The first inhabitants of Australia arrived from the north approximately 40,000 to 60,000 years ago. Over thousands of years they eventually spread across the whole landmass. These Indigenous Australians were well established throughout Western Australia by the time of European explorers began to arrive in the early seventeenth century.
The first European to visit Western Australia was a Dutch explorer, Dirk Hartog who on the 25th October 1616 landed at what is now known as Cape Inscription, Dirk Hartog Island. For the rest of the 17th century, other Dutch (and other nationalities) travellers encountered the coast, usually unintentionally, as many shipwrecks along the coast of ships that deviated (because of poor navigation and storms) from the Brouwer Route illustrate.
It was a further 200 years before it was proven that the Great Southern continent actually existed. By the late 18th century, British and French sailors had begun to explore the Western Australian coast.
The origins of the present state began with the establishment of a British settlement at King George Sound in 1826 (later named Albany from 1832). The settlement was founded in response to British concerns about the possibility of a French colony being established on the coast of Western Australia.
In 1829, the Swan River Colony was established on the Swan River by Captain James Stirling. By 1832, the British settler population of the colony had reached around 1,500, and the official name of the colony was changed to Western Australia. The two separate townsites of the colony developed slowly into the port city of Fremantle and the state’s capital,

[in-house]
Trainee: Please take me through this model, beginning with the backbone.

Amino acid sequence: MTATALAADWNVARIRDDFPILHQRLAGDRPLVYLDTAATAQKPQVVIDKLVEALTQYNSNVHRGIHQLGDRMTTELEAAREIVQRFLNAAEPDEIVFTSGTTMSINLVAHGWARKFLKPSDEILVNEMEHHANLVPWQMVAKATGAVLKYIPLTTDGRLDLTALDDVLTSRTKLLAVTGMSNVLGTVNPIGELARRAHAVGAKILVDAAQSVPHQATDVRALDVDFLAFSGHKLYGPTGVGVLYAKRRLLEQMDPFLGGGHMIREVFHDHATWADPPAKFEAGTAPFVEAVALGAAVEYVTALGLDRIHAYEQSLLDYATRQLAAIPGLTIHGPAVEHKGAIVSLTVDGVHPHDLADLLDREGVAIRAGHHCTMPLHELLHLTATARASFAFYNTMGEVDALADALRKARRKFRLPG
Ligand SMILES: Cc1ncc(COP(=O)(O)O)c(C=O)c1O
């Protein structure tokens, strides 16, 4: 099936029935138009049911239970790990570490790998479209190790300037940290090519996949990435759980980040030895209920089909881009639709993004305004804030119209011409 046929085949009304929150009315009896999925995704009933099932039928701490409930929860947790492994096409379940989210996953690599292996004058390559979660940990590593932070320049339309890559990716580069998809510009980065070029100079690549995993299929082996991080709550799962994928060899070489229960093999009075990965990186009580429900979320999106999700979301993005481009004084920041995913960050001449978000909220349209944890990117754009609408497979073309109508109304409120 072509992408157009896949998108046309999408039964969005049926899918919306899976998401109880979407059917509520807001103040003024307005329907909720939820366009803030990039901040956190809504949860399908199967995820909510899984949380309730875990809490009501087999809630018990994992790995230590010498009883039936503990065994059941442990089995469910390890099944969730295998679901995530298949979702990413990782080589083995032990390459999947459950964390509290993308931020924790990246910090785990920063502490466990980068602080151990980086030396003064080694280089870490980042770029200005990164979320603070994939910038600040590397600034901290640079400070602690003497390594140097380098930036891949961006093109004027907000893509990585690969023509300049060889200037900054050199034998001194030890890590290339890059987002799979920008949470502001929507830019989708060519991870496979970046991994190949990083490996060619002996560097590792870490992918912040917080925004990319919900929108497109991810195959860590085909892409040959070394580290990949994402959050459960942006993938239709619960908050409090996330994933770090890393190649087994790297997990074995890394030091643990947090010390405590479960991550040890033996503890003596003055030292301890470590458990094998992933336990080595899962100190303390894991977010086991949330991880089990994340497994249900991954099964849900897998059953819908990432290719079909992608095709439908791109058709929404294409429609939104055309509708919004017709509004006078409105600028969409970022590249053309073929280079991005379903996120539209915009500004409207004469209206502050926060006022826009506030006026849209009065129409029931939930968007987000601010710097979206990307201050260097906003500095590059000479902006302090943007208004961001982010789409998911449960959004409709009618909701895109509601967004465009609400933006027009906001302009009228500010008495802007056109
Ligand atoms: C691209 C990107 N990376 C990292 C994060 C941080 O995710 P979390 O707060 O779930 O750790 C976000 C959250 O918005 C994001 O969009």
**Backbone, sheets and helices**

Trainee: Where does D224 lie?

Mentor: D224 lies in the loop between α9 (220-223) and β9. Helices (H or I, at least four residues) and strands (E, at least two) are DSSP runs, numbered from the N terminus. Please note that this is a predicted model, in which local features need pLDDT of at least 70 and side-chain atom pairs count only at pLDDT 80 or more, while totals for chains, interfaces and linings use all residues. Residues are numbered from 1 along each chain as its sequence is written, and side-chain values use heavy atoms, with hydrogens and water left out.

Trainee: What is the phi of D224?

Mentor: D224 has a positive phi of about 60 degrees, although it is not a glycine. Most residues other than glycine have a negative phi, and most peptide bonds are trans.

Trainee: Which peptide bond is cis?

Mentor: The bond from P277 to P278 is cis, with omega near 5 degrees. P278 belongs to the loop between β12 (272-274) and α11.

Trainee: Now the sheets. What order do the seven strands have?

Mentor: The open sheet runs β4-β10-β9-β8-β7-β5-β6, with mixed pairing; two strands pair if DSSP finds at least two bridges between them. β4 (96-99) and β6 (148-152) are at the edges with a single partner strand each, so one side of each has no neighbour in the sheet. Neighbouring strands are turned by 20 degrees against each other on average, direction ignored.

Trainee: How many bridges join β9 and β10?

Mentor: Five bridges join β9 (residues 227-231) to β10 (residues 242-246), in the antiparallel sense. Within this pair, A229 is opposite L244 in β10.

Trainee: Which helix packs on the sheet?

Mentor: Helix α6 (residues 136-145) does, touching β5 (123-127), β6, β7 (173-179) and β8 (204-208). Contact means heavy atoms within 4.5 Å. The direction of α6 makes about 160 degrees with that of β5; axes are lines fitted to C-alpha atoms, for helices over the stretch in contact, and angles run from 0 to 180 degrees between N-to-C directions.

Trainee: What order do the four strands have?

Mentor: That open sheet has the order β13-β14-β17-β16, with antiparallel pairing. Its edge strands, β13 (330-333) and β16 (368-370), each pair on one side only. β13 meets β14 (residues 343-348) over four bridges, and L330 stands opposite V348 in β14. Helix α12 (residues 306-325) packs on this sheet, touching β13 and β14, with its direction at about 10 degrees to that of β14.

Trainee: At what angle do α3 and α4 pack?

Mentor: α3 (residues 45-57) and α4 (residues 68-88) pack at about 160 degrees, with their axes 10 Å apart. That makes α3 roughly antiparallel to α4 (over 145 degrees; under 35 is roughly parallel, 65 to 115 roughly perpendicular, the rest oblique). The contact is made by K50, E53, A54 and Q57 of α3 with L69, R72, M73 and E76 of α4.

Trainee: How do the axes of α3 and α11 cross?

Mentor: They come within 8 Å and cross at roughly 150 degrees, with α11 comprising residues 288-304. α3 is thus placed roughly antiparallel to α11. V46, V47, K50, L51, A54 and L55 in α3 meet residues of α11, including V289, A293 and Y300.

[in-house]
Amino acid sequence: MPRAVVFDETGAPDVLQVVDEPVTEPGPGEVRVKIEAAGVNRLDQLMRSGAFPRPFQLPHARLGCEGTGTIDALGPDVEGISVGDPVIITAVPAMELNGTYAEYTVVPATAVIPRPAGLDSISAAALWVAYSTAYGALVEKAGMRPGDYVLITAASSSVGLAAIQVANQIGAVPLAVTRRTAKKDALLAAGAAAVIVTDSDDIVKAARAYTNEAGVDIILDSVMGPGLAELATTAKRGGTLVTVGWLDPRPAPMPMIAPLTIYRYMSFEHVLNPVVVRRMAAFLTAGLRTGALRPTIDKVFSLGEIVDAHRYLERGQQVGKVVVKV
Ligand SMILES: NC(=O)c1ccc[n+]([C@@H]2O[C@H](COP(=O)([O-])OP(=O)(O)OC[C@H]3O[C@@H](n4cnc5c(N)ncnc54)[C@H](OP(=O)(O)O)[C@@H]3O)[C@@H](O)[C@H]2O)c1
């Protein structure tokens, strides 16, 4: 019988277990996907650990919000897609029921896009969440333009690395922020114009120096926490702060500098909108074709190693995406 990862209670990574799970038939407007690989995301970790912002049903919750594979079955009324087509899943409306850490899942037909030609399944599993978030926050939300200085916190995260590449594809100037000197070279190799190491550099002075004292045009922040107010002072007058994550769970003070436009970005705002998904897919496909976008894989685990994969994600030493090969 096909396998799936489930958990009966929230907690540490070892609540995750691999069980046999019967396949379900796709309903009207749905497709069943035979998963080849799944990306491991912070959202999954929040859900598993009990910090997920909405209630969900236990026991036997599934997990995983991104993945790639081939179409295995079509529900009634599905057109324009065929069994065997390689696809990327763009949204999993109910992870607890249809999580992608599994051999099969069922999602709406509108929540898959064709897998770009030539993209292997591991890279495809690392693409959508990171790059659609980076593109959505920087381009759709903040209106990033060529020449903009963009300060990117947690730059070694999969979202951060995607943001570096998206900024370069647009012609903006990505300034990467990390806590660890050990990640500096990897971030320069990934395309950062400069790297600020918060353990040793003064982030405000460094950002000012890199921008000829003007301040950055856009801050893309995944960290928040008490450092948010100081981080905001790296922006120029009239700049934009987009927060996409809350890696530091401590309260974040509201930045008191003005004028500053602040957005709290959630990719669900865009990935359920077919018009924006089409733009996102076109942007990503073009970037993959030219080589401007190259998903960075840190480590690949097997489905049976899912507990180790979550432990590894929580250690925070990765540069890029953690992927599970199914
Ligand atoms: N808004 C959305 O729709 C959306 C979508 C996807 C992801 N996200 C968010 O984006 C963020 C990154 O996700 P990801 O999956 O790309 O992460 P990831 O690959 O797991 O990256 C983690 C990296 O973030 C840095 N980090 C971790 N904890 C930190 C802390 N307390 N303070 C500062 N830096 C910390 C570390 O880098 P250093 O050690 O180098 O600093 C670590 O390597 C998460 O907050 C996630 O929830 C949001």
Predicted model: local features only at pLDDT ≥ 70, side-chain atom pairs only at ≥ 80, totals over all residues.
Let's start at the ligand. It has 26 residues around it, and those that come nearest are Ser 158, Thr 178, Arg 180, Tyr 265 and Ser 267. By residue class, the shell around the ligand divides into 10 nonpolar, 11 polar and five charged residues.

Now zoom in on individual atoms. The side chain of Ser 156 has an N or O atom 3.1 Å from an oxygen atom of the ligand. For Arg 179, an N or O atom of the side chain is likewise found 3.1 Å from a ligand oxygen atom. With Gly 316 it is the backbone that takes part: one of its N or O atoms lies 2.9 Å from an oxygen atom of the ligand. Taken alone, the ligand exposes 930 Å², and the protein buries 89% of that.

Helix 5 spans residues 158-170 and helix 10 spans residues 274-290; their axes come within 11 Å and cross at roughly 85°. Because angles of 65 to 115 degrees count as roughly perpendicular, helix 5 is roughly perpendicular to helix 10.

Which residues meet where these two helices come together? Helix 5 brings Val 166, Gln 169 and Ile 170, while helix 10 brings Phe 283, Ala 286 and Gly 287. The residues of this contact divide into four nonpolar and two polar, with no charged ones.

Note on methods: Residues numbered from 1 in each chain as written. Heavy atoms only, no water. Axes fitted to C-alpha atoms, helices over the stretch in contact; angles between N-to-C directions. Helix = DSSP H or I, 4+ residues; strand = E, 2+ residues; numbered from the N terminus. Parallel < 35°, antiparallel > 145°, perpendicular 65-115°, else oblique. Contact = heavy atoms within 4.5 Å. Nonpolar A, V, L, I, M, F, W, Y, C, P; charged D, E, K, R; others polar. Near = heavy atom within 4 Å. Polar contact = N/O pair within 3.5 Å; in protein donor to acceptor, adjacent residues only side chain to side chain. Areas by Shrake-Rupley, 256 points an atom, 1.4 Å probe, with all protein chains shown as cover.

Population growth was very slow until significant discoveries of gold were made in the 1890s around Kalgoorlie. In 1887, a new constitution was drafted, providing for the right of self-governance and in 1890, the act granting self-government to the colony was passed by the British House of Commons. John Forrest became the first Premier of Western Australia.
In 1896, the Western Australian Parliament authorised the raising of a loan to construct a pipeline to transport five million gallons of water per day to the Goldfields of Western Australia. The pipeline, known as the Goldfields Water Supply Scheme, was completed in 1903. C.Y. O’Connor, Western Australia’s first engineer-in-chief, designed and oversaw the construction of the pipeline. It carries water 530 km (330 mi) from Perth to Kalgoorlie, and is attributed by historians as an important factor driving the state’s population and economic growth.
Following a campaign led by Forrest, residents of the colony of Western Australia (still informally called the Swan River Colony) voted in favour of federation, resulting in Western Australia officially becoming a state on 1 January 1901.
Content from this page is drawn from Here.